Architectural historian Barbara Penner traces the evolution of Niagara Falls – from its 19th-century honeymoon tourism to its state of post-industrial kitsch to its recent rebirth as a honeymoon destination.
The photographer Alec Soth, whose work is the starting point for this lecture, compellingly portrays a ruined post-industrial landscape of love in his series Niagara (2006). The iconography of love took on architectural form in the 1960s and ‘70s, resulting in countless strip motels whose heart-shaped whirlpool baths perfectly exemplified the “heightened symbolism” that Robert Venturi and Denise Scott Brown saw as fundamental to pleasure-zone architecture.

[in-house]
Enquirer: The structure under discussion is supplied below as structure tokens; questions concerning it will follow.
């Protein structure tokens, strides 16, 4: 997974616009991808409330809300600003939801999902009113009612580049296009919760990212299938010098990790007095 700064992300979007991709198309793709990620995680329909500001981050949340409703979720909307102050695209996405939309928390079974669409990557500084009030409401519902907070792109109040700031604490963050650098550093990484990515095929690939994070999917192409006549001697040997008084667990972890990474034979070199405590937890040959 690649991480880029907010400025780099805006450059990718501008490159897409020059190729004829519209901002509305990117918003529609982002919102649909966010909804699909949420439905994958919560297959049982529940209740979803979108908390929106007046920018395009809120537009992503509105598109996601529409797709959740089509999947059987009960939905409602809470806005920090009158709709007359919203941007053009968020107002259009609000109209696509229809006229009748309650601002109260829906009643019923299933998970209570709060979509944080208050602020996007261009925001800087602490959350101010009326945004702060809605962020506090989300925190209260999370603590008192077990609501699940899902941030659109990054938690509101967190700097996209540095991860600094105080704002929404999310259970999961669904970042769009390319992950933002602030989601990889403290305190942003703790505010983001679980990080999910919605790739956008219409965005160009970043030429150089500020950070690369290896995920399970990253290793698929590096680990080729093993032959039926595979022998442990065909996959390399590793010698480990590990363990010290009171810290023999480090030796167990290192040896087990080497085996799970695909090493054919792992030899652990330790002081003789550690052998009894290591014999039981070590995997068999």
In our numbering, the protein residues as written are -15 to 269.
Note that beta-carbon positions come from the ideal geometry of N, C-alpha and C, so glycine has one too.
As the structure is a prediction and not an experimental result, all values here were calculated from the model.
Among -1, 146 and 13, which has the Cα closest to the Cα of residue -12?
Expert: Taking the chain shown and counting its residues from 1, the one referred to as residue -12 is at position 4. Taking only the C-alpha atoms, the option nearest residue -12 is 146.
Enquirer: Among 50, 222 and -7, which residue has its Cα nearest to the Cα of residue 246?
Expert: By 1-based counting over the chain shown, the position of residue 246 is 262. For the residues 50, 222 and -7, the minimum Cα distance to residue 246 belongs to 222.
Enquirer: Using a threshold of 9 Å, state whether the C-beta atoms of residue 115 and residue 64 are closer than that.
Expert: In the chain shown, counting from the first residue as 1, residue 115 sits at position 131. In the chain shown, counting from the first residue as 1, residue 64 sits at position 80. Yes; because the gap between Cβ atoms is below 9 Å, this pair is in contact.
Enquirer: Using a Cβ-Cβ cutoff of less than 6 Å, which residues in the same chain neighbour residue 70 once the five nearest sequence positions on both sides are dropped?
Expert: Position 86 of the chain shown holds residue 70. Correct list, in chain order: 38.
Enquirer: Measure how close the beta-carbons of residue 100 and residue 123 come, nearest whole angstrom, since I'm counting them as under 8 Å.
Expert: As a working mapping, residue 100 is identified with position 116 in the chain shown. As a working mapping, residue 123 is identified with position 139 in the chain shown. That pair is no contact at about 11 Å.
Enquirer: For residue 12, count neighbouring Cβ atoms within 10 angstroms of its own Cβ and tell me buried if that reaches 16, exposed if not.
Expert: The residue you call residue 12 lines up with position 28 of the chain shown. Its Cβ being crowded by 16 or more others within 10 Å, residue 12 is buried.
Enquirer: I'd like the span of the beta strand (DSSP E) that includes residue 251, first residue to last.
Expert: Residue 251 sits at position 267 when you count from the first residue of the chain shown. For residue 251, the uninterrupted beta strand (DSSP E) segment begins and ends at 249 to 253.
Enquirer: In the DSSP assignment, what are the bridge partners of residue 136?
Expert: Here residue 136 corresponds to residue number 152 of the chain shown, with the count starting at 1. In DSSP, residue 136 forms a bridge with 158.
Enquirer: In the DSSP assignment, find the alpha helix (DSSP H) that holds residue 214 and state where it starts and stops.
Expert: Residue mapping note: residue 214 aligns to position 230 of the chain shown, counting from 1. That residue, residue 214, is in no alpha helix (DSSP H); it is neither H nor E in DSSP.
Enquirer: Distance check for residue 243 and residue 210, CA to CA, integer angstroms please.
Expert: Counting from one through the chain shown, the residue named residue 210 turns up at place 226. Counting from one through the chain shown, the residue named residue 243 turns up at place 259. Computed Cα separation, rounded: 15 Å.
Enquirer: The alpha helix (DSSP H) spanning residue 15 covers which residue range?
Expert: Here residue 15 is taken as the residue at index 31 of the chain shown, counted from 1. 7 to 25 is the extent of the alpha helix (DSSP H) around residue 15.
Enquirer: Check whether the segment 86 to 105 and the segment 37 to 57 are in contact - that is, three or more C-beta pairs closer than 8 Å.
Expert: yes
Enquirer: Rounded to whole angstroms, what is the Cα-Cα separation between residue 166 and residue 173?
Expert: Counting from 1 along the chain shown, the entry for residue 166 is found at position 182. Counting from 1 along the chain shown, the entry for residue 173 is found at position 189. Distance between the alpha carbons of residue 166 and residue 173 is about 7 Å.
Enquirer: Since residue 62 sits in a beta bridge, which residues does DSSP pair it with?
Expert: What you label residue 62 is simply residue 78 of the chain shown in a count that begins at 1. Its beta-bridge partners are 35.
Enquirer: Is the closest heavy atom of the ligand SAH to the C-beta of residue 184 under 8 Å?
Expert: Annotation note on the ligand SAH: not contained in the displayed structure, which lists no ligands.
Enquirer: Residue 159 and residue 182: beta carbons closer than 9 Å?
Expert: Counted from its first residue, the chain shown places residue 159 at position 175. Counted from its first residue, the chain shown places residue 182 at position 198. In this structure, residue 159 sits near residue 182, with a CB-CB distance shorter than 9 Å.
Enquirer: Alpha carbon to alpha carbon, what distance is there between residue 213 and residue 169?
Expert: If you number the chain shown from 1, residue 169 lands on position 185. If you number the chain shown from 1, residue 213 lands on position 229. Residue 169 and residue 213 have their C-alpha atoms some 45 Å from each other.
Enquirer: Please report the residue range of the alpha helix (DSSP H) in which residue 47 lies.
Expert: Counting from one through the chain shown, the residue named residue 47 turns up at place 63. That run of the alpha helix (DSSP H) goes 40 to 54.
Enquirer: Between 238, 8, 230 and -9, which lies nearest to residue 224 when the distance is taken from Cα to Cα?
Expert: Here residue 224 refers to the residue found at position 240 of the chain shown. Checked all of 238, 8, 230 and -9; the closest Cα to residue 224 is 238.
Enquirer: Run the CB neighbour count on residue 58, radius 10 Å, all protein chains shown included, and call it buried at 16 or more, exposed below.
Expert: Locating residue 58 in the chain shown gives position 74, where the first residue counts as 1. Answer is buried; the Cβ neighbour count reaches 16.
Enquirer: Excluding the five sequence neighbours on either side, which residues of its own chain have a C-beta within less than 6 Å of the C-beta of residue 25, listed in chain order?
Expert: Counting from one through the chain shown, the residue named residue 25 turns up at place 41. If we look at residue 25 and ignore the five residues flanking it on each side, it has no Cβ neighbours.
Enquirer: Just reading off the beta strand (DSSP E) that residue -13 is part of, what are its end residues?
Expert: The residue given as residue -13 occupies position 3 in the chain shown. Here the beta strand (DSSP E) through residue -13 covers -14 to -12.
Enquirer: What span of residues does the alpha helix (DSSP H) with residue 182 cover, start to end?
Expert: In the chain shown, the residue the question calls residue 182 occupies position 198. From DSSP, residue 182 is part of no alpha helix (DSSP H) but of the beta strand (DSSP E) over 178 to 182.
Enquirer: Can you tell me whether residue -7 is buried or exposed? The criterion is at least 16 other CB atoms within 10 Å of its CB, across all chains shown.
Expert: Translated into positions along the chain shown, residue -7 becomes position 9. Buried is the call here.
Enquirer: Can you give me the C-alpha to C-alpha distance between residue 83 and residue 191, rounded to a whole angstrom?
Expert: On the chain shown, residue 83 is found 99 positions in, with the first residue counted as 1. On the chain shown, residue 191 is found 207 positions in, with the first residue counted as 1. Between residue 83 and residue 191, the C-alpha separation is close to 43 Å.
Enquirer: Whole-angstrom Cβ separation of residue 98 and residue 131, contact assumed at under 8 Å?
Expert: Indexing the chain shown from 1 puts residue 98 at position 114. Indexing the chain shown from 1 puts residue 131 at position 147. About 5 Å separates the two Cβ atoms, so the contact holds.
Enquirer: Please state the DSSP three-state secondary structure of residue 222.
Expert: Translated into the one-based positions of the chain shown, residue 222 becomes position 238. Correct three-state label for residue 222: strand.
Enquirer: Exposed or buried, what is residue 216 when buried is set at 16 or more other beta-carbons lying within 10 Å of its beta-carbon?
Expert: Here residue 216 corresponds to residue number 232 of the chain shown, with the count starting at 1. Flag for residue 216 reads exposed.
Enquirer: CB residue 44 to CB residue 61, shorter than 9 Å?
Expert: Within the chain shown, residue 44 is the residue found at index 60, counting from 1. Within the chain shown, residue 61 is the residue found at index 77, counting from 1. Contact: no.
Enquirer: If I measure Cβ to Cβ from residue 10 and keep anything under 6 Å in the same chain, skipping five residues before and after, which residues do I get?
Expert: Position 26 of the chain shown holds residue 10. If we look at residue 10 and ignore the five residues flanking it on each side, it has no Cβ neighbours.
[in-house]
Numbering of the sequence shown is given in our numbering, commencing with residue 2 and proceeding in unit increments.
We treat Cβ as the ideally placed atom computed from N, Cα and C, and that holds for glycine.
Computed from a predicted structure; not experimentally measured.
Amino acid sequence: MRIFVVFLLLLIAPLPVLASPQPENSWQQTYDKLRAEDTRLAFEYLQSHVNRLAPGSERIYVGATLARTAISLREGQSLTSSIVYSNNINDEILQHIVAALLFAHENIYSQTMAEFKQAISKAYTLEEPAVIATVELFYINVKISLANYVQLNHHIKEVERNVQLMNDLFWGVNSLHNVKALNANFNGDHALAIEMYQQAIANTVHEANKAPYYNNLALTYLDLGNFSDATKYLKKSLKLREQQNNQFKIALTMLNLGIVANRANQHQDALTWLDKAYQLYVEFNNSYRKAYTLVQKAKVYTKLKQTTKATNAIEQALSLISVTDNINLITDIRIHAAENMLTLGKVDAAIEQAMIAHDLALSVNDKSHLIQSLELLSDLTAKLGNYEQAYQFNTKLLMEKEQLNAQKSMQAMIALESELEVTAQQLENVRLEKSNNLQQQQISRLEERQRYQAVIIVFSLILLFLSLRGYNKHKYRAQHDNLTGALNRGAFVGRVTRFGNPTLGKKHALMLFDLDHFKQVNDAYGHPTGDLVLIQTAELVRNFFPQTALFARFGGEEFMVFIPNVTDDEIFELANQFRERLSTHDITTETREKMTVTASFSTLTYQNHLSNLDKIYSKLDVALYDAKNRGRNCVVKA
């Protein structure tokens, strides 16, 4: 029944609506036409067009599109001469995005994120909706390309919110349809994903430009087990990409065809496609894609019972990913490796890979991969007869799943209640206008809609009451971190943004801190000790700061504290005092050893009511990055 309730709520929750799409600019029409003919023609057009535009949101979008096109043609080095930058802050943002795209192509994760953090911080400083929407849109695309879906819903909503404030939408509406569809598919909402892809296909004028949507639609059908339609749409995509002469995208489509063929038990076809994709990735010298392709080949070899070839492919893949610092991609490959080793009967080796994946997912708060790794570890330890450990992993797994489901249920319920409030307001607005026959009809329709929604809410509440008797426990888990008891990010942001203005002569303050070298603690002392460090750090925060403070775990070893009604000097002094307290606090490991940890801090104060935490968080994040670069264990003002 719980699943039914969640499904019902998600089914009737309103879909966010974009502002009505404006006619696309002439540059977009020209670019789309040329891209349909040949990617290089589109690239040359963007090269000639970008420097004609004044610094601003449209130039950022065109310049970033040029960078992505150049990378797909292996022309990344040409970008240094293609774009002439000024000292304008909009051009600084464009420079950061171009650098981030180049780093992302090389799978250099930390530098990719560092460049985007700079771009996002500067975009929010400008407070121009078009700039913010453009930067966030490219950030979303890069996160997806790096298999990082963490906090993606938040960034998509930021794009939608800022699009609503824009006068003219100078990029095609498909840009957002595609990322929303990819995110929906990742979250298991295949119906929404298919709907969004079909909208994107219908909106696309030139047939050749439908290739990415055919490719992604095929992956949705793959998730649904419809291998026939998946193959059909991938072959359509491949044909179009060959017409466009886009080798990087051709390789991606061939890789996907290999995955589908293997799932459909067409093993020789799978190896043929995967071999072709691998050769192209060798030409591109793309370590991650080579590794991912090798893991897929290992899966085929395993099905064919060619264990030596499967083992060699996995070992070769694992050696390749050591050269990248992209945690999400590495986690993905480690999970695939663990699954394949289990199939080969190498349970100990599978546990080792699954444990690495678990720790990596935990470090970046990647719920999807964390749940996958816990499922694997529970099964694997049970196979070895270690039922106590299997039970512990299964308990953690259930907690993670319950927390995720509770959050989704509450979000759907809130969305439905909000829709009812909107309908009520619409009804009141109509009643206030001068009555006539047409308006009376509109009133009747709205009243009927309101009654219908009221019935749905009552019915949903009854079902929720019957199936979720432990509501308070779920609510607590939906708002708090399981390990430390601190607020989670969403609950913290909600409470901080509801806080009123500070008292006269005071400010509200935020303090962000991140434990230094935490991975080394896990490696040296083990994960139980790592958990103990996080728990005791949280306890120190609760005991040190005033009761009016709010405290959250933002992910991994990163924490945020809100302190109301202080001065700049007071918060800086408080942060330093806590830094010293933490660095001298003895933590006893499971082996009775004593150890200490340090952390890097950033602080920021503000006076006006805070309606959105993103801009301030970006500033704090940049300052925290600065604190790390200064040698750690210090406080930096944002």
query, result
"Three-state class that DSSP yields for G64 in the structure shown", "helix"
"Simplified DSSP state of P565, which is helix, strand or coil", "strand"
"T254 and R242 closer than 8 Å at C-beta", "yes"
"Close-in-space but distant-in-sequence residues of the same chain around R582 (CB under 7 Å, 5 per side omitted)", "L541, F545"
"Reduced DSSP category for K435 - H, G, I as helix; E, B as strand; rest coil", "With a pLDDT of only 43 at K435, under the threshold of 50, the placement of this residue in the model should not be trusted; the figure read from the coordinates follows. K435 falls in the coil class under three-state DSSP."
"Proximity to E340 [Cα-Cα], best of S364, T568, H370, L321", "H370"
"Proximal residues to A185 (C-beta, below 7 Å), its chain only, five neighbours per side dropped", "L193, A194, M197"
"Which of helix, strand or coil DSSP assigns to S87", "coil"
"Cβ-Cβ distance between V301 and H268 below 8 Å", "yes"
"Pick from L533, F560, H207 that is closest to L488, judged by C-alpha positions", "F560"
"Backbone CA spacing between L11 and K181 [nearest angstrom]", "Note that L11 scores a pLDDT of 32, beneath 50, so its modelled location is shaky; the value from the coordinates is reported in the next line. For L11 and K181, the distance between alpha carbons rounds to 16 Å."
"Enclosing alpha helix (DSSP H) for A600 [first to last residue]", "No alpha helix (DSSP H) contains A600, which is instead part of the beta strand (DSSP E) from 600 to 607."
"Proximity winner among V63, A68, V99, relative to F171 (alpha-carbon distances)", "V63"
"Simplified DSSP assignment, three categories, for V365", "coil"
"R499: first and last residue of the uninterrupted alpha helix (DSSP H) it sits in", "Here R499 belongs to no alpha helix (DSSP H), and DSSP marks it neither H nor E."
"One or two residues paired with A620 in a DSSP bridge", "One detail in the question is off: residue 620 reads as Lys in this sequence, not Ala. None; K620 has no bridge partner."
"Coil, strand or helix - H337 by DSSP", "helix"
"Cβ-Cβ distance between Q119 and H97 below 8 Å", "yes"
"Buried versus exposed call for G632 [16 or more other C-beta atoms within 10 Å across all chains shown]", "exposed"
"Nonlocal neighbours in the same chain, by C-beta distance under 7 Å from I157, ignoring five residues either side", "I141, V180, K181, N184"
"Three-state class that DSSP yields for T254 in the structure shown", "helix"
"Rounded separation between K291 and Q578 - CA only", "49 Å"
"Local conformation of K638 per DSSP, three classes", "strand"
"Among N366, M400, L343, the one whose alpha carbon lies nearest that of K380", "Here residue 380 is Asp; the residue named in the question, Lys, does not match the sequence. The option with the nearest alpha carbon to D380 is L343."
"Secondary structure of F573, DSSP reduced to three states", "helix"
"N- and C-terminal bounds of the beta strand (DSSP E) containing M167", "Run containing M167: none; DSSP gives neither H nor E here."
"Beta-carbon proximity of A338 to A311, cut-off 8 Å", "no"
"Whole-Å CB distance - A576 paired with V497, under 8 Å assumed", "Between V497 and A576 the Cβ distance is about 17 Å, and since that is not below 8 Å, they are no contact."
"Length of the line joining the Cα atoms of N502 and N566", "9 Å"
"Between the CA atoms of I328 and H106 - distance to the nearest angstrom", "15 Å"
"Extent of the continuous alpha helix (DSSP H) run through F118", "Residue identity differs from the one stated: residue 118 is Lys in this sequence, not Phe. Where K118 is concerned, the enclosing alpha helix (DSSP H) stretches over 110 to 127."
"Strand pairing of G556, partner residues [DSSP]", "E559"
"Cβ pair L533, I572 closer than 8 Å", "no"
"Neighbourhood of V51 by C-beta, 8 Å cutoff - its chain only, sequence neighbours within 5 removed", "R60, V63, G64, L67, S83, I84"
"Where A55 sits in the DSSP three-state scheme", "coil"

Barbara Penner is a Lecturer in Architectural History at the Bartlett School of Architecture, University College London. She is the author of the forthcoming Newlyweds on Tour: Honeymooning in Nineteenth-Century America (UPNE, 2009).
The Learning from… series takes its title from Learning from Las Vegas (1972), Robert Venturi, Denise Scott Brown, and Steven Izenour’s vastly influential publication, which analysed the commercial strips and architectural symbolism of Las Vegas in order to understand urban sprawl. In this spirit, the series brings together experts to explore specific urban conditions and their relevance to the future development of cities.